The traditional community system still survives to a large extent on Tuvalu. Each family has its own task, or salanga, to perform for the community, such as fishing, house building or defence. The skills of a family are passed on from parents to children.
The South Pacific is home to many islands and island groups that are not independent countries. The biggest and most significant group in the southern region is French Polynesia. France colonized a large number of islands in the South Pacific and has continued to hold them in its control or possession as external departments or colonies. In western Polynesia, the French maintain control over the islands of Wallis and Futuna. French Polynesia consists of four main island groups: the Society Islands, the Austral Islands, the Tuamotu Islands, and the Marquesas. There are around 130 islands in French Polynesia, and many are too small or lack resources to be inhabited.
Tahiti, located in the Society Islands, is the central hub of French Polynesia. Papeete is the capital and main city with a population of almost thirty thousand. Tahiti is a major tourist destination with a mild climate that stays at 75 °F to 85 °F year-round and receives adequate rainfall to sustain tropical forests. Most of the people live along the coastal areas; the interior is almost uninhabited. The Society Islands include the island of Bora Bora, which is considered by many to be a tropical paradise and one of the most exotic tourist destinations in the world.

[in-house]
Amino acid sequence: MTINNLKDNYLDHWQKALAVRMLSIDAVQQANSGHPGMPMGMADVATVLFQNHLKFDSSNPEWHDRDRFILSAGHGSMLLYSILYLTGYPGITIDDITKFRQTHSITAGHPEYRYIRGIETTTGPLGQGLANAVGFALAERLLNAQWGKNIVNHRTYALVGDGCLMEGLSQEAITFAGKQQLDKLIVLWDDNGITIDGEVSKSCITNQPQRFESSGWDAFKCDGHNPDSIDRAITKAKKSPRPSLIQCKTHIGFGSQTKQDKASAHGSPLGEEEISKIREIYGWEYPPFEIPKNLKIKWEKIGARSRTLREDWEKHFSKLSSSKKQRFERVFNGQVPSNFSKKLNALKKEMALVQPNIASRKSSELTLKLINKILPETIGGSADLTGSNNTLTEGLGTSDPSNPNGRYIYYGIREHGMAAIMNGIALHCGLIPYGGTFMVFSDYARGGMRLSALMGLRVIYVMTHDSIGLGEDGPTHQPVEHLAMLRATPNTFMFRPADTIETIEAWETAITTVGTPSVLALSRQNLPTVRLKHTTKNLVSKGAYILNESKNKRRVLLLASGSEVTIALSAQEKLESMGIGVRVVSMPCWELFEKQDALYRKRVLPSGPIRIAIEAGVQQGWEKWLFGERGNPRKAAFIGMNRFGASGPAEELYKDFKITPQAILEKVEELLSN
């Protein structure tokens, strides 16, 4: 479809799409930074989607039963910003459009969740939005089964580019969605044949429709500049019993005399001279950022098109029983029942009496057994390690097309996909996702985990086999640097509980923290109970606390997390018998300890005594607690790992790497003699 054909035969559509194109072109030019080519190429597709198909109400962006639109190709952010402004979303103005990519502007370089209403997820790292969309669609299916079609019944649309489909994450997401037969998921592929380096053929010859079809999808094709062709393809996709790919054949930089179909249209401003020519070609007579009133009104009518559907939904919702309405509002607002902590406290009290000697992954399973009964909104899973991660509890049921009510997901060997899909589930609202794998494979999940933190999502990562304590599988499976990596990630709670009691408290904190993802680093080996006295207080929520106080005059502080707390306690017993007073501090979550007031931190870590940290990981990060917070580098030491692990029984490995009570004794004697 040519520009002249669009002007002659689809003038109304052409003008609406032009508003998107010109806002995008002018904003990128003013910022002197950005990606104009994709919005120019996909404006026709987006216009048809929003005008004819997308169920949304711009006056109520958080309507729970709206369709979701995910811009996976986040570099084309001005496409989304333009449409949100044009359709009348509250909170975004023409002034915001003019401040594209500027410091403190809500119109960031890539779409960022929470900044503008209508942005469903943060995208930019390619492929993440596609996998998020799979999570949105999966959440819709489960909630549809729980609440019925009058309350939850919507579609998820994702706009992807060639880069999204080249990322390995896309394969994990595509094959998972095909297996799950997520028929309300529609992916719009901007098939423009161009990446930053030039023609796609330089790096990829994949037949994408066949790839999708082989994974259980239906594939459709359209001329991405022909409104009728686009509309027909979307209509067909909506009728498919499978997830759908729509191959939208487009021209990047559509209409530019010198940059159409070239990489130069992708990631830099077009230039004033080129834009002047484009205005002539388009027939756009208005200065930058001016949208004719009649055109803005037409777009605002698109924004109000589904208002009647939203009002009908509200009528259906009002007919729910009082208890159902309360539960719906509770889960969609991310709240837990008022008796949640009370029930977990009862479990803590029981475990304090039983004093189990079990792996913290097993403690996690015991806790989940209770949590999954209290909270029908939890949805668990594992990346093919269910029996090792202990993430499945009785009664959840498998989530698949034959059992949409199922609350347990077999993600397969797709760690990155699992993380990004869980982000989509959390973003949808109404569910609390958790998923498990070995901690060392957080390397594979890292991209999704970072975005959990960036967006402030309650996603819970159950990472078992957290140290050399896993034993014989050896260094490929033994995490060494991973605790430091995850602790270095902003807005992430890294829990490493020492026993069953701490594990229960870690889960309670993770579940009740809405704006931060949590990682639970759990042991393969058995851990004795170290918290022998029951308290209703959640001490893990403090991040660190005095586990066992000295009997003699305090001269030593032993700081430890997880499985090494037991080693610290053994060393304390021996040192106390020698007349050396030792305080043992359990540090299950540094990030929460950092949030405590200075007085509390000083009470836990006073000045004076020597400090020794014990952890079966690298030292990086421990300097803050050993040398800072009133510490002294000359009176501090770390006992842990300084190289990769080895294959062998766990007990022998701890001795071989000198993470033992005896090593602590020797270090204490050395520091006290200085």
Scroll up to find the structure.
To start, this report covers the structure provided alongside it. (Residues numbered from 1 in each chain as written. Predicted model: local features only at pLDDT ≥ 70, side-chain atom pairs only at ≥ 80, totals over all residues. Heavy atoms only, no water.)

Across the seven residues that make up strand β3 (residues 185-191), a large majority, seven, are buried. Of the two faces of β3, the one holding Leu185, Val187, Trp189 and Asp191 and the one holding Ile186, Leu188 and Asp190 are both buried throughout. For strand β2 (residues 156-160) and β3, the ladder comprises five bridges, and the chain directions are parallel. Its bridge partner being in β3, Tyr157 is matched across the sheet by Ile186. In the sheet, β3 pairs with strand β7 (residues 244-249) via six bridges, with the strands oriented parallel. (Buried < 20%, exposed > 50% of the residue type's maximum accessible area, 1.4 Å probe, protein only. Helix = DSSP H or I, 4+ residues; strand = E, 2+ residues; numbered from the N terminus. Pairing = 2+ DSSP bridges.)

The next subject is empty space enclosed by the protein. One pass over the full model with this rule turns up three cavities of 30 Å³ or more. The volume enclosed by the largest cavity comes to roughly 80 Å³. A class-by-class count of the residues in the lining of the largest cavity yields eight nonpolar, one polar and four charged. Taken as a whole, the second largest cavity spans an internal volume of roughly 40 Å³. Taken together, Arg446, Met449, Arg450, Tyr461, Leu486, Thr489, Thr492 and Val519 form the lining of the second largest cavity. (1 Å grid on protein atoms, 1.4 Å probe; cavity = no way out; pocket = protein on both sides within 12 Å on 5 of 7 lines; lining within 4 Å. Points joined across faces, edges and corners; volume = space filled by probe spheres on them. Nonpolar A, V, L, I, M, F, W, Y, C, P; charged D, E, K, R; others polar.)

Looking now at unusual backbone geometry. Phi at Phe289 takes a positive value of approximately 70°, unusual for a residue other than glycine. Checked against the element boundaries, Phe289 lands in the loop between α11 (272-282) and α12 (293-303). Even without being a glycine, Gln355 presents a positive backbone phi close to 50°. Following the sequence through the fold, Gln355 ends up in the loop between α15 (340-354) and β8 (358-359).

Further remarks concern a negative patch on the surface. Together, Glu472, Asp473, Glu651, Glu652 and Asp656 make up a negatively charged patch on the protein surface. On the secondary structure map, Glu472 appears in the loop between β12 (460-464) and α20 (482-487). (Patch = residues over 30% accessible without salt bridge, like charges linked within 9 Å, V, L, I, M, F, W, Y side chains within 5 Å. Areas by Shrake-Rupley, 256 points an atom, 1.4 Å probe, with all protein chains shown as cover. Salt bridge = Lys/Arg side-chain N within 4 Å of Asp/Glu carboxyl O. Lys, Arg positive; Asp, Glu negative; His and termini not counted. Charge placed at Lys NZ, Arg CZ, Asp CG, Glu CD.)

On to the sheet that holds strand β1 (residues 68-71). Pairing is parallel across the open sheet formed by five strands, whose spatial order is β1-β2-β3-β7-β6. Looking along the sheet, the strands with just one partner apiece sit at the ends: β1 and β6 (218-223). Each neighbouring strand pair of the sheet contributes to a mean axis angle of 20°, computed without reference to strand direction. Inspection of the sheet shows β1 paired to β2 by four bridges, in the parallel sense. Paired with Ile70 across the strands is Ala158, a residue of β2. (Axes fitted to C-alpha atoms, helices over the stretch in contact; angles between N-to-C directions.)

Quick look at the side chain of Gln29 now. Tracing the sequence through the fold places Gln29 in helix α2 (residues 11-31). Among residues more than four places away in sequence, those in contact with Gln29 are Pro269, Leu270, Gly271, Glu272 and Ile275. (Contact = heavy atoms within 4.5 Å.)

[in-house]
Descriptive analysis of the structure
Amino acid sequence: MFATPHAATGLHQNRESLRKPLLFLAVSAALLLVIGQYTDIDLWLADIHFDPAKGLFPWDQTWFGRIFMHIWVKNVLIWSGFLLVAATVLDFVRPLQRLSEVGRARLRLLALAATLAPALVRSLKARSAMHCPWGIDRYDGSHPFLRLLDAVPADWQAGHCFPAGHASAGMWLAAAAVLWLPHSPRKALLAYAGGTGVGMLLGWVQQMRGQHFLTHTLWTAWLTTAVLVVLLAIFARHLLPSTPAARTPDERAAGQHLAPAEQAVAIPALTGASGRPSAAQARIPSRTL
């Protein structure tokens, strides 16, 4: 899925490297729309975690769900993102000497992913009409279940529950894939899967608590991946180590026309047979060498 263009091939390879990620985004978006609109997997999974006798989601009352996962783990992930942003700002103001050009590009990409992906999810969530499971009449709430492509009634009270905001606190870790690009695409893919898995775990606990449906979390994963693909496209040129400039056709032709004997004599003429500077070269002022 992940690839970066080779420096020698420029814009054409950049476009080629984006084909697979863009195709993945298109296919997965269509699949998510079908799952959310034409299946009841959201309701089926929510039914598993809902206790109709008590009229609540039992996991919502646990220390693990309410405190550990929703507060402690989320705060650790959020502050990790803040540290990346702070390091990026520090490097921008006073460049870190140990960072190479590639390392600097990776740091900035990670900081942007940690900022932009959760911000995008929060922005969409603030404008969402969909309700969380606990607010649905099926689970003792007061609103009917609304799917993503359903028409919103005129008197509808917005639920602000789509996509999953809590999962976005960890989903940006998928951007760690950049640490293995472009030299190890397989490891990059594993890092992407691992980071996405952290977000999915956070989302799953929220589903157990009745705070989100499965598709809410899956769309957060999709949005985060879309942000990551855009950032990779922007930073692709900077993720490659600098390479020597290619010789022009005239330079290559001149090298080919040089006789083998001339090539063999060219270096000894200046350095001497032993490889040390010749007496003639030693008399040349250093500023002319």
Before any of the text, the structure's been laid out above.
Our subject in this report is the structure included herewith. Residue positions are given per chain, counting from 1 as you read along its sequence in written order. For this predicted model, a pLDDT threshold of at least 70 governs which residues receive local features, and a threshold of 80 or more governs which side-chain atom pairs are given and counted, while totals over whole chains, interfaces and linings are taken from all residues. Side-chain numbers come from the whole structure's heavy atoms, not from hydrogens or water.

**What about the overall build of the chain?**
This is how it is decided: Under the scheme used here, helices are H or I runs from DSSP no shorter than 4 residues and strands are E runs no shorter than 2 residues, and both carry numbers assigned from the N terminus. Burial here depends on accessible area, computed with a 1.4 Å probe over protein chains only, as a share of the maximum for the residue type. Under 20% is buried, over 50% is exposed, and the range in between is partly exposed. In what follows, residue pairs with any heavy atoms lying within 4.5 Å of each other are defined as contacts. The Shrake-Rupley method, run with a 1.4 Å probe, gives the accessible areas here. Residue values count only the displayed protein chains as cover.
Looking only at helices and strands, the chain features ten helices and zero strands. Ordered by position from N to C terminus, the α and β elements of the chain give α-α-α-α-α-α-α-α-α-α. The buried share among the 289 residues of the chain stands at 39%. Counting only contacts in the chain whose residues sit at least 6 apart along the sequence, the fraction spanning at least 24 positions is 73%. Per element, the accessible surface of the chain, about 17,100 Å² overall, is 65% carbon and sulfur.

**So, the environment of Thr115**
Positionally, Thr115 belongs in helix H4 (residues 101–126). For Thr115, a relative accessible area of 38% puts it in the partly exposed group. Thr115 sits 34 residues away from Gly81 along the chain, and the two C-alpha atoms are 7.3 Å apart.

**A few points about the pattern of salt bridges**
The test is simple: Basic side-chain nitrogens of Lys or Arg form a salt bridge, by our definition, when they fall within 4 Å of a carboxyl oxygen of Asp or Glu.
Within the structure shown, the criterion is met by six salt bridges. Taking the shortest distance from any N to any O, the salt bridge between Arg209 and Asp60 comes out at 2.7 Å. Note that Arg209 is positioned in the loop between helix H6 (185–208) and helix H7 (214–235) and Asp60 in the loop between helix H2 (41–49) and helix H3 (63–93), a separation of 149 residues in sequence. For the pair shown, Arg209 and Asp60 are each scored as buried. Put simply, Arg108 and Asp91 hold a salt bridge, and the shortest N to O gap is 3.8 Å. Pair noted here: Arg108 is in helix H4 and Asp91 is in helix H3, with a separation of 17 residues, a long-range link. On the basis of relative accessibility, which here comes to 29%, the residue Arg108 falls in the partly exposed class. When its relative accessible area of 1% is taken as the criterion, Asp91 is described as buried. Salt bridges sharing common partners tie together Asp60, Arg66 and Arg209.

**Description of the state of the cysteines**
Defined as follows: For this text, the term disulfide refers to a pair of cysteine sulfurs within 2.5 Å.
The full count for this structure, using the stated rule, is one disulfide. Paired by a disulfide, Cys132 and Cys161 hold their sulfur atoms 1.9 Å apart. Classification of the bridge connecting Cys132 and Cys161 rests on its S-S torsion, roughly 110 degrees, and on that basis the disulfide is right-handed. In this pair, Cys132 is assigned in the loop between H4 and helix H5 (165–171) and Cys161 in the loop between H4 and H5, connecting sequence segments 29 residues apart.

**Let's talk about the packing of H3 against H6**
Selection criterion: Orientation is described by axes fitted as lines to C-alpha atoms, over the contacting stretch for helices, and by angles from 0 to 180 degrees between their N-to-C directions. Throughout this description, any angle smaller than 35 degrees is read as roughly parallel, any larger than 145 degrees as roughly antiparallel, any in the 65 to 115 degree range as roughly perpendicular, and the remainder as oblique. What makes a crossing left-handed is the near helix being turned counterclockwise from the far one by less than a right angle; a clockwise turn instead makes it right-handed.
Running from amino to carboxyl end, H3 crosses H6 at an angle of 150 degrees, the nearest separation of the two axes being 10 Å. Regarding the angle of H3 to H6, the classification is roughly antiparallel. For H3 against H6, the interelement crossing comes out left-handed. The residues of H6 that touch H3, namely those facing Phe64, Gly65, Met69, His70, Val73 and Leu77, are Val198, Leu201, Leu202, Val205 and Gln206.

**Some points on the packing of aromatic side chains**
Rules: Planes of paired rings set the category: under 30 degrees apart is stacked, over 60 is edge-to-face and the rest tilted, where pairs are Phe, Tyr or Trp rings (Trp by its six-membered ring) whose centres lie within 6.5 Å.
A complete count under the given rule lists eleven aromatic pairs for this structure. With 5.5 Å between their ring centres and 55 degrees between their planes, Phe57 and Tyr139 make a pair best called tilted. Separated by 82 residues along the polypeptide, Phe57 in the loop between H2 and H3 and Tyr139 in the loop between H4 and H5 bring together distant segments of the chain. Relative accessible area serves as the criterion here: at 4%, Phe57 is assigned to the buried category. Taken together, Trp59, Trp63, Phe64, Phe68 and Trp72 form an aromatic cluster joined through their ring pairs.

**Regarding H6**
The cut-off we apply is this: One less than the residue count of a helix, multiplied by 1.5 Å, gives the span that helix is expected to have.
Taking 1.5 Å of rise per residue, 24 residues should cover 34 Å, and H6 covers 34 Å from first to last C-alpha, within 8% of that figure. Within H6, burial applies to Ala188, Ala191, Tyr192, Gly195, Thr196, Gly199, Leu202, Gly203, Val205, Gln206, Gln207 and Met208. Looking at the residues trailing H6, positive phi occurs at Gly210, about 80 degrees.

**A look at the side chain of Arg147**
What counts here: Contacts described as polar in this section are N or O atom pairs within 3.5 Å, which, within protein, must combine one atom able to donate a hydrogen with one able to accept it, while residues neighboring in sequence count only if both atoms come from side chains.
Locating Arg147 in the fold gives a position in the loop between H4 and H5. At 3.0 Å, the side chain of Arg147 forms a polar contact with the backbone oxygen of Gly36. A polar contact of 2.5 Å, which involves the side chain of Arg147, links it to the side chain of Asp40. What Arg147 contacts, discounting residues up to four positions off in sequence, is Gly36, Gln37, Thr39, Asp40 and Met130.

The volcanic Marquesas Islands to the northeast are the second-most remote islands in the world after the Hawaiian Islands. The weather pattern in the Pacific does not bring enormous amounts of precipitation to the Marquesas, a reality that restricts human expansion in the archipelago. The higher elevations in the mountains—the highest is 4,035 feet—draw some precipitation from the rain shadow effect, giving rise to lush rain forests on portions of the islands.
With less than ten thousand people, the Marquesas do not have a large population to support and rely on financial support from outside to sustain them. French painter Paul Gauguin is buried there, and the islands are remembered as his home during the last years of his life.